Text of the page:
The tailplanes are moulded complete, they just needed cutting from the sprues and and glueing in place. They have alot of raised panel lines, and with more time and patience I would have removed them and re-scribed. With alot of time already given to the cockpit detailing and wing filling, I decided to leave them alone. They're quite subtle, so they don't look too bad.
The engine/cowl section was next, consisting of a one-peice cowl and the engine divided into two parts- a backplate with the rear row of cylinders moulded into it, and a seperate part consisting of the front row of cylinders and the reduction gear casing. I painted the interior of the cowl a very dark grey, and the engine and backplate were painted in gun metal with a black acrylic wash to give depth. The engine fitted no problem, but a major flaw is that the hole for the prop-shaft is moulded way off-centre. I decided to remove the pin from the prop and simply butt join the back of the hub to the crankcase in a central position. The prop blades are moulded with the hub, with a seperate spinner ( I attached the prop during final detailing, so it was out of the way during painting). The prop-less engine/cowl was then mated to the fuselage, and it made for a good fit.
Wanting to pose the model 'flying' on a stand, I glued the landing gear in the raised position. If you build yours gear-down, watch out for the rake angle of the legs as a couple of other builds I've seen have legs raked too far to the rear. The bays are shallow so the wheels are in fact half-thickness, taken from my spares box (saving me the trouble of sanding down the kit wheels) and glued directly into the 'roof' of the bay. With one or two lugs removed, the landing gear fairings then laid in on top nicely. I drilled a small hole in the belly of the model to take the wire stand, which I made from a cut down wire coat hanger. I have limited space to display my models, so raising them up in flying poses on a wire stand is a great way to save space, and they look pretty good 'flying' out from behind the other things on the shelf.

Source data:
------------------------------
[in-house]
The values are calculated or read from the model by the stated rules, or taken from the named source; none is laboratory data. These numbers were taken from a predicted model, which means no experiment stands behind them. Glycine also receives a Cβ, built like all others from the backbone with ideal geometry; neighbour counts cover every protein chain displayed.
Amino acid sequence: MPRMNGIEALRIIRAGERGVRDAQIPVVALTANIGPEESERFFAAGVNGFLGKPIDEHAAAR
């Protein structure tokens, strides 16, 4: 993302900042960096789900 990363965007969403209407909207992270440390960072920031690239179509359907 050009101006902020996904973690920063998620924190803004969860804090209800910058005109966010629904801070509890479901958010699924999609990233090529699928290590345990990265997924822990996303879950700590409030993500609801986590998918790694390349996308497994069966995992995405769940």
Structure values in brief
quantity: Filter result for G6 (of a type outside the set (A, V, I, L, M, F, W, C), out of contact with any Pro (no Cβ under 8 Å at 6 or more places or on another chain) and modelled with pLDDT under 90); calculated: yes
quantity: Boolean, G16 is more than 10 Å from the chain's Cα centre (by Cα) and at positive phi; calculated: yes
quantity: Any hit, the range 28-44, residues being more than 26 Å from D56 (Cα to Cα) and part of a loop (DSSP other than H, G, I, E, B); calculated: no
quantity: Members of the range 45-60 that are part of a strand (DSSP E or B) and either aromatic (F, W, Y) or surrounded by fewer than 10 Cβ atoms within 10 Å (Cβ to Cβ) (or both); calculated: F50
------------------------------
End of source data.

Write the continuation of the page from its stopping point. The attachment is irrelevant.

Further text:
I then added some final details, including
exhuast stubs made from scrap sprue. The bulges for the exhausts are there,
but I had to carefully gouge a hole with the tip of a blade to make sockets
for these pipes. I also attached the bendy pitot probe to the left wing, and
the big radio mast in front of the cockpit.
|COLORS & MARKINGS|
Colours and Markings:
The kit gives two marking options, one for an
aircraft of VB-17 in early 1943, and the other an aircraft of
based on the US East Coast in July 1943. In either case, the colour scheme is
the same, being the characteristic three-tone
I then added the prop as described above, and
the tailwheel. Finally, I added the drop tanks, which I'd pre-painted with
Humbrol 27001 Metal
This is by no means the most advanced SB2C kit on the market, but if you just want a weekend build that looks OK when it's done, you'll be happy with this one. Yes it does need some filler, and those raised panel lines need dealing with, but for a 1970's 'toy' kit this one really isn't bad - and you can't argue with the price. This is the first WWII US Navy aircraft I've built for years, and I'm really happy with the way it turned out.
American Warplanes of World War II, by David Donald, Aerospace Publishing ISBN: 1874023727